I could list many favorite things about La France. The graceful language, fun to speak and even more fun to listen to, the relentlessly edible food and drinkable wine, the long history and beauty of the country. The joie de vivre par-tout.
Every day we pass through many small towns, and I’m always struck by how well cared for the homes are–even a crumbly hundred year old stone farmhouse will be dotted with flower beds and decked out with colorful shutters, blue and orange and red. It warms my heart as I pedal past.
Arriving in and exiting towns, however, is decidedly not one of my favorite things. Many people all trying to get somewhere on teeny, tiny streets. The leisure of the lunch hour is nowhere in evidence. It’s dog-eat-dog, or car-eat-bike. You muscle through, with a little prayer that you will emerge intact, pointed in the right direction.
Leaving Sarlot Le Caneda, after staying two nights to work around the rain, we managed to ruffle the feathers of a numbers of drivers, getting in their way as we tried to navigate to the bike shop for some air in our tires. The bike shop was closed, and just for good measure, a bee stung my ring finger to bid us farewell. Ouch.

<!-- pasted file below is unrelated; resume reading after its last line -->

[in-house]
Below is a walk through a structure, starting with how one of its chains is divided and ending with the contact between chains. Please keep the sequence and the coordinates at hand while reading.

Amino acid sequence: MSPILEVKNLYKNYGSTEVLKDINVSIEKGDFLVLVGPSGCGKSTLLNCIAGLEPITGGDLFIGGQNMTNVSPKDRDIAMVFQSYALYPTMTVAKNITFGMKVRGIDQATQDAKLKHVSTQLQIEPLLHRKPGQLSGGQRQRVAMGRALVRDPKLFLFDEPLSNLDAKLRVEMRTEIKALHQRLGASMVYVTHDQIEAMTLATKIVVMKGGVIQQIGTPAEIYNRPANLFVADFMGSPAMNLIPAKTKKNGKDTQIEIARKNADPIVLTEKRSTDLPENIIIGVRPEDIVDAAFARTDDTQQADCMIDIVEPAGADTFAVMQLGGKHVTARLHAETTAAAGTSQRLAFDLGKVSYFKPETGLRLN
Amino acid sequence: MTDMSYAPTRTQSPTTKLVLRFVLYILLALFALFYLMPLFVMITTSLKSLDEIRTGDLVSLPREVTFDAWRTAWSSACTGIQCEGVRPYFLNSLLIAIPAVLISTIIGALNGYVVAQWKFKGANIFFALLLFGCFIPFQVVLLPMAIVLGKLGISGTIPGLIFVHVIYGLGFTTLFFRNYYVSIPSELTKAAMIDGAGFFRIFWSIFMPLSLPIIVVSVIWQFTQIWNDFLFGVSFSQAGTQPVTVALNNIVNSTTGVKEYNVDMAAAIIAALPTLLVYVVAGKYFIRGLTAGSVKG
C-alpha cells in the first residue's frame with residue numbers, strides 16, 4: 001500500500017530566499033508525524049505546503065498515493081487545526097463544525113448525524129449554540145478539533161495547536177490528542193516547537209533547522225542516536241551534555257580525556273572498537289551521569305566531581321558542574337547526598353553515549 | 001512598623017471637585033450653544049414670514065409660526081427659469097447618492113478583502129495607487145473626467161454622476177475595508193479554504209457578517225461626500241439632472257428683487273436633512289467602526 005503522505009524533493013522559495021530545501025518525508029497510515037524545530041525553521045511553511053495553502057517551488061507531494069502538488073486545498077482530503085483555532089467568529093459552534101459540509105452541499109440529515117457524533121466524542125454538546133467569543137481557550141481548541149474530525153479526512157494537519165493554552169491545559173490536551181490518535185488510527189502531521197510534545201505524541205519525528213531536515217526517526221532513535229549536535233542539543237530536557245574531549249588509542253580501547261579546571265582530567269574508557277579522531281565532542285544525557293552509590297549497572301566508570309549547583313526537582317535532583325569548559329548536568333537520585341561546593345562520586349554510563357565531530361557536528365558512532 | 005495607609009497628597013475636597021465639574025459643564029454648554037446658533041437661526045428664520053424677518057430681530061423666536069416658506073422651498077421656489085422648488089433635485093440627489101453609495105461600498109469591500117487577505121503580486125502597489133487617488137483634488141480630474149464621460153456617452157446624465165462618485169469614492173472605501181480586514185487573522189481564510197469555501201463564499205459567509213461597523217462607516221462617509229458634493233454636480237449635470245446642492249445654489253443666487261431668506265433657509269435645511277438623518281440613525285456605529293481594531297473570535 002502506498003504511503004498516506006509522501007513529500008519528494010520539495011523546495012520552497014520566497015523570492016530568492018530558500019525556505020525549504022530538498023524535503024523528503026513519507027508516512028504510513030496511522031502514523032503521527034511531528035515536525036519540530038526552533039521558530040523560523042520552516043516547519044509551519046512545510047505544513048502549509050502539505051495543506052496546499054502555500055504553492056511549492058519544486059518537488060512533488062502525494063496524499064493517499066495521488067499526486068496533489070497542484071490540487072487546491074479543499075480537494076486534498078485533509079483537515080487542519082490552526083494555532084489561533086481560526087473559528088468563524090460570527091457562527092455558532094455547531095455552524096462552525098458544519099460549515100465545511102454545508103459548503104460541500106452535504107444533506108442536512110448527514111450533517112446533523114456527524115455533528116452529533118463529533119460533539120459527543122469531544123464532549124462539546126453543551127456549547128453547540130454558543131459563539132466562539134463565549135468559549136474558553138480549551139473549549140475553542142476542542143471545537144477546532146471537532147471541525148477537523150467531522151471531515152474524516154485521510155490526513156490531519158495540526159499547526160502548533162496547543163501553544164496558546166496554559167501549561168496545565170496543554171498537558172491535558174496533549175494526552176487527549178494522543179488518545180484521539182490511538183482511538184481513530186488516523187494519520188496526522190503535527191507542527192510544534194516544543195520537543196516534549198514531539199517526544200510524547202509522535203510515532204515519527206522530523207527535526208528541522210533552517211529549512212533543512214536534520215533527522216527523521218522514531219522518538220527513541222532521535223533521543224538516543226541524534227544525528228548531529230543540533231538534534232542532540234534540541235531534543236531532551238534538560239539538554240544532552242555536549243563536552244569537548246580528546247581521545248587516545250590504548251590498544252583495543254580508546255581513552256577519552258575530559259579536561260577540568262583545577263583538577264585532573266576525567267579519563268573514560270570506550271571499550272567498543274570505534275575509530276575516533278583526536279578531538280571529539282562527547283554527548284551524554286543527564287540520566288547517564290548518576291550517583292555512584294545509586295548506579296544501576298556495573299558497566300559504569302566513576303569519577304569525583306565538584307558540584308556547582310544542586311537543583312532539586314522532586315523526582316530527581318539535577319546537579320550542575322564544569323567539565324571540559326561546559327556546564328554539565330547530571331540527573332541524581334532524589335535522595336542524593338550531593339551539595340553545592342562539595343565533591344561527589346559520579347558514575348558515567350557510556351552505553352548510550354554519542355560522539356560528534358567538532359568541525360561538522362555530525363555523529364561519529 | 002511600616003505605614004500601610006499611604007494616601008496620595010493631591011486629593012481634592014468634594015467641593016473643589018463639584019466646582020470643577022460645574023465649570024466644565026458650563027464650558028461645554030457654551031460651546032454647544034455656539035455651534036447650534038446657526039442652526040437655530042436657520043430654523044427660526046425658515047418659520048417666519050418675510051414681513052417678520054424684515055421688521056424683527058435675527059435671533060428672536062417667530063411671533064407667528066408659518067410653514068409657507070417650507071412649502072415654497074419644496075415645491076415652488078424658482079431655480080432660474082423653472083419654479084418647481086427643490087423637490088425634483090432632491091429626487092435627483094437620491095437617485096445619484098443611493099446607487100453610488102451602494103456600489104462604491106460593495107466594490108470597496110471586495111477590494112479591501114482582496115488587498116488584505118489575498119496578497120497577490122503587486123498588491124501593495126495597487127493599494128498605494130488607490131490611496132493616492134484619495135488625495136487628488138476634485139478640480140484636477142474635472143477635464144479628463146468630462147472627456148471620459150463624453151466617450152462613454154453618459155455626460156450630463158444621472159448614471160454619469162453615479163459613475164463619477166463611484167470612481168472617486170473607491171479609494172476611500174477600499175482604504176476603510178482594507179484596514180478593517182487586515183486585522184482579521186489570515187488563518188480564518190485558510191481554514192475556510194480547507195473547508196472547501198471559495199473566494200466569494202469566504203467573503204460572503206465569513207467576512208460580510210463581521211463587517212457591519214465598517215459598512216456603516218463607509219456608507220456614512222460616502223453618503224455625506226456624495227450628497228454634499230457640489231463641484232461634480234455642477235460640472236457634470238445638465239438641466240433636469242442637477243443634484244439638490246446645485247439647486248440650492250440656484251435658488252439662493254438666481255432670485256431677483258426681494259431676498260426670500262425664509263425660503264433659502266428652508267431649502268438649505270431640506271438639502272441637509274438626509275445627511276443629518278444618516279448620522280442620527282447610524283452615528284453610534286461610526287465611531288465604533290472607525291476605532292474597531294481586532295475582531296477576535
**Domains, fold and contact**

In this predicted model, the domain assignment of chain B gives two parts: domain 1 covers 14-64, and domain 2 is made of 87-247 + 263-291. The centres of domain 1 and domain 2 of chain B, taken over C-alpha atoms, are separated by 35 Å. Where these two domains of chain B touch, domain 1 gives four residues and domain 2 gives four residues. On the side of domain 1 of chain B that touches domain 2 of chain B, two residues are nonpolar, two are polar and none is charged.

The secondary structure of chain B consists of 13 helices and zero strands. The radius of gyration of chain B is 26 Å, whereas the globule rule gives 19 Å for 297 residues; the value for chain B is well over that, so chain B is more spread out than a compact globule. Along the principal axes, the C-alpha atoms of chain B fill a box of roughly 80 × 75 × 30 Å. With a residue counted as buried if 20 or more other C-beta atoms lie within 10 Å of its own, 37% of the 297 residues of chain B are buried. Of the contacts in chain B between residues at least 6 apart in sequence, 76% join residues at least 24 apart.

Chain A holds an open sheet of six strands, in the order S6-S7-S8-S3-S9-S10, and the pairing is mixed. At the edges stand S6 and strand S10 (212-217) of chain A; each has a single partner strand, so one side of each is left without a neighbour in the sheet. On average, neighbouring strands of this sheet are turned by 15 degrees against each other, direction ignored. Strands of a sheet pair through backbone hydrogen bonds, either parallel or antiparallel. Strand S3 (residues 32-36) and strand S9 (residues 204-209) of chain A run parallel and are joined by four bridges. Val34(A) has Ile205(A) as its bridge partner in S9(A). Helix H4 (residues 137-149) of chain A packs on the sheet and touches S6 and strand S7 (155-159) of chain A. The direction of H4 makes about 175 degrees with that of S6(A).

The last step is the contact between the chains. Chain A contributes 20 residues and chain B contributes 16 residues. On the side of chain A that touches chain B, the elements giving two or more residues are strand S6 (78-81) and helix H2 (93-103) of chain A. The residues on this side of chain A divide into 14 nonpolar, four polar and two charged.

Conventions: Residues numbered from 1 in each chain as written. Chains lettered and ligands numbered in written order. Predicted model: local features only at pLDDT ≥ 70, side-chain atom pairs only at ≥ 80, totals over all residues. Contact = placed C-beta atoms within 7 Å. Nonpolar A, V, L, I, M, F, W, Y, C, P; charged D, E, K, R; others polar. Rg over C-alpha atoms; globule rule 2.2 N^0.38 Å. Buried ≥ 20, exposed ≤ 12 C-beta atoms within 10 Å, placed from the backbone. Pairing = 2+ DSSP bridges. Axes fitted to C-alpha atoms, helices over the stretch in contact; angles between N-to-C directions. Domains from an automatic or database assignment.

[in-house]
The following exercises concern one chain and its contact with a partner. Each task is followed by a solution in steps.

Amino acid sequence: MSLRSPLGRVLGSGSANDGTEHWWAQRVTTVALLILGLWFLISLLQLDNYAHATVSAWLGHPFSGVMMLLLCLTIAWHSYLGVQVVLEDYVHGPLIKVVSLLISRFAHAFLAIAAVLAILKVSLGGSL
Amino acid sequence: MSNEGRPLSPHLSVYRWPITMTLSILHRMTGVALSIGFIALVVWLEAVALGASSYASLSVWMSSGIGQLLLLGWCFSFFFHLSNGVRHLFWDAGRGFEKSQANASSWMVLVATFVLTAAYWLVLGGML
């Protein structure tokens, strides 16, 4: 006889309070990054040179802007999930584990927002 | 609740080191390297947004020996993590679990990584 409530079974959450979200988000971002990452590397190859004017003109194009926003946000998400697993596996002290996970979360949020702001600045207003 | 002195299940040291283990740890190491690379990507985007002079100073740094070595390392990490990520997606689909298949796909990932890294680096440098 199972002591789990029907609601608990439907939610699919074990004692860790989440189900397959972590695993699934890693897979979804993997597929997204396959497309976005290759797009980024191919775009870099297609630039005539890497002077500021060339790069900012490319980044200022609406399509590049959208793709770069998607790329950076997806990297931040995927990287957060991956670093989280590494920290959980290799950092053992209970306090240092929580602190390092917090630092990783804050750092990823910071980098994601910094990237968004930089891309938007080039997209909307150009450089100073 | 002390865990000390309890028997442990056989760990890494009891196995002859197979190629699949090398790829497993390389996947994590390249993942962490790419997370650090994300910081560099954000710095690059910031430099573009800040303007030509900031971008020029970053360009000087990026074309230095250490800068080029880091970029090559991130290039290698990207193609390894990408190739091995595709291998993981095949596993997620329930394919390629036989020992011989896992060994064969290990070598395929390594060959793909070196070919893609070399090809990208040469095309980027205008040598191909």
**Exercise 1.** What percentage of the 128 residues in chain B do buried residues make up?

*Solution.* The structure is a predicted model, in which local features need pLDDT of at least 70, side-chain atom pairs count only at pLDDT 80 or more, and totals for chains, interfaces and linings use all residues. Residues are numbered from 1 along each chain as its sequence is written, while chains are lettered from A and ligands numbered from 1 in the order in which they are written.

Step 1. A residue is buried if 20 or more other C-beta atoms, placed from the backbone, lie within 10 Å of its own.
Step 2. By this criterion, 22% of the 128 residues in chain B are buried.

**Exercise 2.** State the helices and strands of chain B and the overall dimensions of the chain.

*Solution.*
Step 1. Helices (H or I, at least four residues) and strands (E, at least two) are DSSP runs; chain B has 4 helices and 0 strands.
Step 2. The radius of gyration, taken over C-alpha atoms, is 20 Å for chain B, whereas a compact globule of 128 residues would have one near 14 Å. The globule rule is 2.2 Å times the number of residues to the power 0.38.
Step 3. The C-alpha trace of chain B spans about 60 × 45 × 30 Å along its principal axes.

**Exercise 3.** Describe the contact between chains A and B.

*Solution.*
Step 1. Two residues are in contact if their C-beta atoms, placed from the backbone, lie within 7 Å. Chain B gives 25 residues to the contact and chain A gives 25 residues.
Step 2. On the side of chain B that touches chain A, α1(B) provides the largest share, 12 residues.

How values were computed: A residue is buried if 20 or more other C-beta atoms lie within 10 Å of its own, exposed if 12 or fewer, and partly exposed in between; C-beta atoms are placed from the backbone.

Our days in the saddle have been great. We typically start around what we call “the crack of 11.” We ride through gorgeous countryside on relatively quiet roads. Castles pop up everywhere. Cows watch us, chewing their cud. Sometimes cars, or other cyclists, pass and give a thumbs up. Yesterday I rounded a corner and came upon a puddle of sheep, lounging in a pile, heads resting on flanks. I stopped to take a photo and they watched me cautiously but then decided I couldn’t be trusted and dispersed, to my disappointment. Once one of them turned tail, that was it, they all did.
I have a rear view mirror that attaches to my helmet–very helpful when touring. I’ve been thinking how it’s always important to see both in front of you and behind you on the road, and in life. You can’t just look in one direction. Well, you can, of course, but why would you want to? You’d miss so much.
Tomorrow is the last day of riding in this region–the Dordogne, Lot and Cele valleys–and then we return to Toulouse to meet friends and head to the Pyrenees! Woo hoo!